animesh kumar

Running water never grows stale. Keep flowing!

IBM has no idea what Node.js is

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People, don’t read this article on IBM’s developer works Just what is Node.js?. And you have read it already, don’t believe it. IBM has no idea what Node is, really.

Read my rebuttal

For more gory details, read Marak Squires’ blog here.

IBM must pull the article or ask the author to rewrite it. The article is providing a dis-service to any new developers who might stumble along it as their first introduction to node.js.

Written by Animesh

May 13, 2011 at 12:34 pm

Node and Its Many Incarnations (Node Version Management)

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Node.js is under active development. And every other day, a new build is released. It’s awesome to see how fast Node is growing and how vibrant the community is… but on the down side, it’s becoming increasingly difficult to keep track of its many versions, and API changes.

Very often, while developing an app, you find yourself married into a particular Node version, because a newer one might have some API changes (mind you, Node is witnessing heavy transformations, especially at the API level) which might break you app… and then, you would be forced to revert back to the older version. That means, uninstall the current node and re-install the older one. Ouch! So much work for a mere upgrade.

Well, there is a nicer way to do it. Check out this project by Tim Caswell: Node Version Manager. It does exactly what it says. It manages various Node versions on your machine, development, stage, production whatever. How?

It creates a virtual Node environment for each version you want to keep. Let’s say, you want to stay with the last stable release v0.2.6 (from the time you started your app) but also want to experiment with v0.4.7 to keep an eye on new additions.  NVM will install two separate Node(s) for you, and each will run in its own sandbox like environment, that is, you will have to install all your third party Modules/Libraries separately for each Node installation. That might seem to be a lot of work, but trust me, it’s the safest way to avoid conflicts. Okay. Let’s get to work.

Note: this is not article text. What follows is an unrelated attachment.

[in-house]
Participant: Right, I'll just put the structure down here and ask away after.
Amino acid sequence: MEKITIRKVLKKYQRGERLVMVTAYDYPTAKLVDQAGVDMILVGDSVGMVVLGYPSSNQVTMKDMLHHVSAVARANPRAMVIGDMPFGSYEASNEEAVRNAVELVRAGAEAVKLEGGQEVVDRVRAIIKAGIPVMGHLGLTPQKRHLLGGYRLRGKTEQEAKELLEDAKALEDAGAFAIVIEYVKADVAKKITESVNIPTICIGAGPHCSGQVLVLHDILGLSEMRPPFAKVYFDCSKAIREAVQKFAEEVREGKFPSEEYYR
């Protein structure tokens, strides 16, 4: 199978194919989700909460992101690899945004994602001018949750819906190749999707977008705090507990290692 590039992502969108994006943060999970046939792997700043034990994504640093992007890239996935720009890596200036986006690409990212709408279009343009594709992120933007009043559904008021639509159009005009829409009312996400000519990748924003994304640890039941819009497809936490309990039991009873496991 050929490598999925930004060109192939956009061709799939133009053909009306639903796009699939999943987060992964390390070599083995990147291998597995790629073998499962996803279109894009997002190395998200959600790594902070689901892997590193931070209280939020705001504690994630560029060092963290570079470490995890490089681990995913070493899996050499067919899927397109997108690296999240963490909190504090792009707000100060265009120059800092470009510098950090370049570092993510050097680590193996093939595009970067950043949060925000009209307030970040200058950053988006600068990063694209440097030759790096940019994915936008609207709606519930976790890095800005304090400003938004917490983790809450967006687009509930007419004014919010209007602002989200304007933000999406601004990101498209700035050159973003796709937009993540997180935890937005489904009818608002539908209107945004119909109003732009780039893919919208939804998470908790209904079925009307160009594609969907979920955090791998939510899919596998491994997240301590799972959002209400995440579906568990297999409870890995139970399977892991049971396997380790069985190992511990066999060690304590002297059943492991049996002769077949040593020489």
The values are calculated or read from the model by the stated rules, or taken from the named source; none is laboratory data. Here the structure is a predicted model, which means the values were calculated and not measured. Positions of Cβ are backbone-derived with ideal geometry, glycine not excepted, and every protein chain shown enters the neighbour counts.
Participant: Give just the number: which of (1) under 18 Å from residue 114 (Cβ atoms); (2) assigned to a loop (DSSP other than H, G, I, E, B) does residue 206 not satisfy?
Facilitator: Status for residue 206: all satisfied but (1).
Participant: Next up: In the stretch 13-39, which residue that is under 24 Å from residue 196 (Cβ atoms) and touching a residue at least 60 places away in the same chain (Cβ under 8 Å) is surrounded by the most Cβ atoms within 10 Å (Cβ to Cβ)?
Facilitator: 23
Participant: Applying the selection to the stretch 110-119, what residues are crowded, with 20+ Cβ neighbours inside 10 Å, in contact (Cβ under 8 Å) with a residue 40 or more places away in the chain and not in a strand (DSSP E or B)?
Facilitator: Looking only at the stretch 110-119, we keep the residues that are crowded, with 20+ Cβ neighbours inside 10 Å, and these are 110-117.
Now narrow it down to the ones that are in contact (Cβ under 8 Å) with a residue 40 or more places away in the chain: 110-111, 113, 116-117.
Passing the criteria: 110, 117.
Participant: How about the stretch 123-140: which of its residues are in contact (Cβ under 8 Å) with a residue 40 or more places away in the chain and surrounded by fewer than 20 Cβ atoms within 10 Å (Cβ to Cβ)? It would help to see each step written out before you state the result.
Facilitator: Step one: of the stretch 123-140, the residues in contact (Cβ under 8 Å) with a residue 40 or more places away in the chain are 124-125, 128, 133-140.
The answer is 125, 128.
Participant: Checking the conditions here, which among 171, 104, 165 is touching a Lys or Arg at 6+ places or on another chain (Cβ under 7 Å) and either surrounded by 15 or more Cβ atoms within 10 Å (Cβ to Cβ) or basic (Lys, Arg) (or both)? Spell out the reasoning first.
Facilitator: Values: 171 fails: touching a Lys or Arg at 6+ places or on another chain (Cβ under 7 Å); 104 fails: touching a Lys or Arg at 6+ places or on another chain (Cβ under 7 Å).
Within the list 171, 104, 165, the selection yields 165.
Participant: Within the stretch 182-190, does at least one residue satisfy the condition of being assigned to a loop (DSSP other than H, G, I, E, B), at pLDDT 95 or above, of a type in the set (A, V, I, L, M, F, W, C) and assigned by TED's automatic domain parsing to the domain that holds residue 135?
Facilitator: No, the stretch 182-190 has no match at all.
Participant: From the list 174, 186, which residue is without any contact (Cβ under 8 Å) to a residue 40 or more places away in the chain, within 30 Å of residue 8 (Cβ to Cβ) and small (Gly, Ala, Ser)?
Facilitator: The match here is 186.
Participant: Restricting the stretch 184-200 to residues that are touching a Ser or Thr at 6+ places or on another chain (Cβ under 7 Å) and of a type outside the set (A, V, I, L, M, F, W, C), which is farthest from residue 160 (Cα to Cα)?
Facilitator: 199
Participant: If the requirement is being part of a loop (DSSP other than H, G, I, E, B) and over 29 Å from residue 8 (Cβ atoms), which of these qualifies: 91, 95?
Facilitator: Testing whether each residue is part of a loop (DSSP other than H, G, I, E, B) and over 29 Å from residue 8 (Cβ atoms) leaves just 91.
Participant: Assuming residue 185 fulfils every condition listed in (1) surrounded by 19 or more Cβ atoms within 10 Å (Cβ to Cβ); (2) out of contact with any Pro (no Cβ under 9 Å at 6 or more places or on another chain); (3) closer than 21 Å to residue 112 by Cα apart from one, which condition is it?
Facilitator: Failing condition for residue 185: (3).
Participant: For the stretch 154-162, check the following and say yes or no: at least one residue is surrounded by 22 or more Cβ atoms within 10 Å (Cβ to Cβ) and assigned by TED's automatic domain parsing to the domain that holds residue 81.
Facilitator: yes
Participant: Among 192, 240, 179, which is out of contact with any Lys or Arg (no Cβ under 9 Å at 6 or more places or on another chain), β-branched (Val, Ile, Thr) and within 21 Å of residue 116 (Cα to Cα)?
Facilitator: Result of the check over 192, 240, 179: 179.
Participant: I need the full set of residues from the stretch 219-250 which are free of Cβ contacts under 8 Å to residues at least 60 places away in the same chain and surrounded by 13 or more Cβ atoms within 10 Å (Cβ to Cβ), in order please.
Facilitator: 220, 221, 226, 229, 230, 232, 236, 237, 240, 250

Note: I am assuming that you have basic knowhow of GIT (the most awesome source control management system).

  1. Clone NVM repository to your local machine:
    $ git clone git:// ~/.nvm

    Above command would close the NVM repository to a folder ‘.nvm’ in your home directory. (I am using Ubuntu 10.0.4)

  2. Switch to folder ‘.nvm’ and make file ‘’ executable:
    $ chmod 755 ~/.nvm/
  3. ‘’ is just a shell script, so in order to run it, you must source it to every terminal you open. To do this automatically, simply edit either ‘.bashrc’ or ‘.profile’ file to have this line in the very end:
    . ~/.nvm/
  4.  That’s it. Open a new terminal and run,
    $ nvm
  5. You will see a set of useful commands you can use. 🙂 Easy huh?

Getting dirty

Before you get any further, just make sure that you have ‘wget’ installed in your machine. I know, I know… you might already have it. I just want you to make sure.

Check which versions of Node are available.

$ nvm sync // update the local machine with available versions from server
$ nvm ls   // displays all available and installed versions

Now install Node v0.4.7.

$ nvm install v0.4.7 // will install Node v.0.4.7

Note: You might get this error, “Could not autodetect OpenSSL support. Make sure OpenSSL development packages are installed. Use configure –without-ssl to disable this message” which says, that you need to install SSl library:

$ sudo apt-get install libssl-dev

NVM creates a folder ‘src’ either in your home directory or in ‘.nvm’ directory where it downloads the bundled release, extracts and installs it. NVM also installs NPM (node package manager) for each installation of Node.

Select a particular version

$ nvm use v0.4.7 // start using Node-v0.4.7

That’s it. You have set up a system which will enable you to quickly and cleanly switch between various Node versions. You can test your app’s compatibility with any of them, and if need be, easily switch to the one your app was most comfortable with.

Now, since you have set up a congenial Node development machine, in the next blog, I will talk about how to go live with your Node app.

Note: for CentOs-5.x, please make sure that you have following packages installed:

$sudo yum install gcc-c++ screen git-core openssl openssl-devel

Written by Animesh

May 3, 2011 at 11:17 am

shutdown hooks in java

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You know what? You can add your custom hooks to JVM to be called when JVM shuts down. Interesting… no?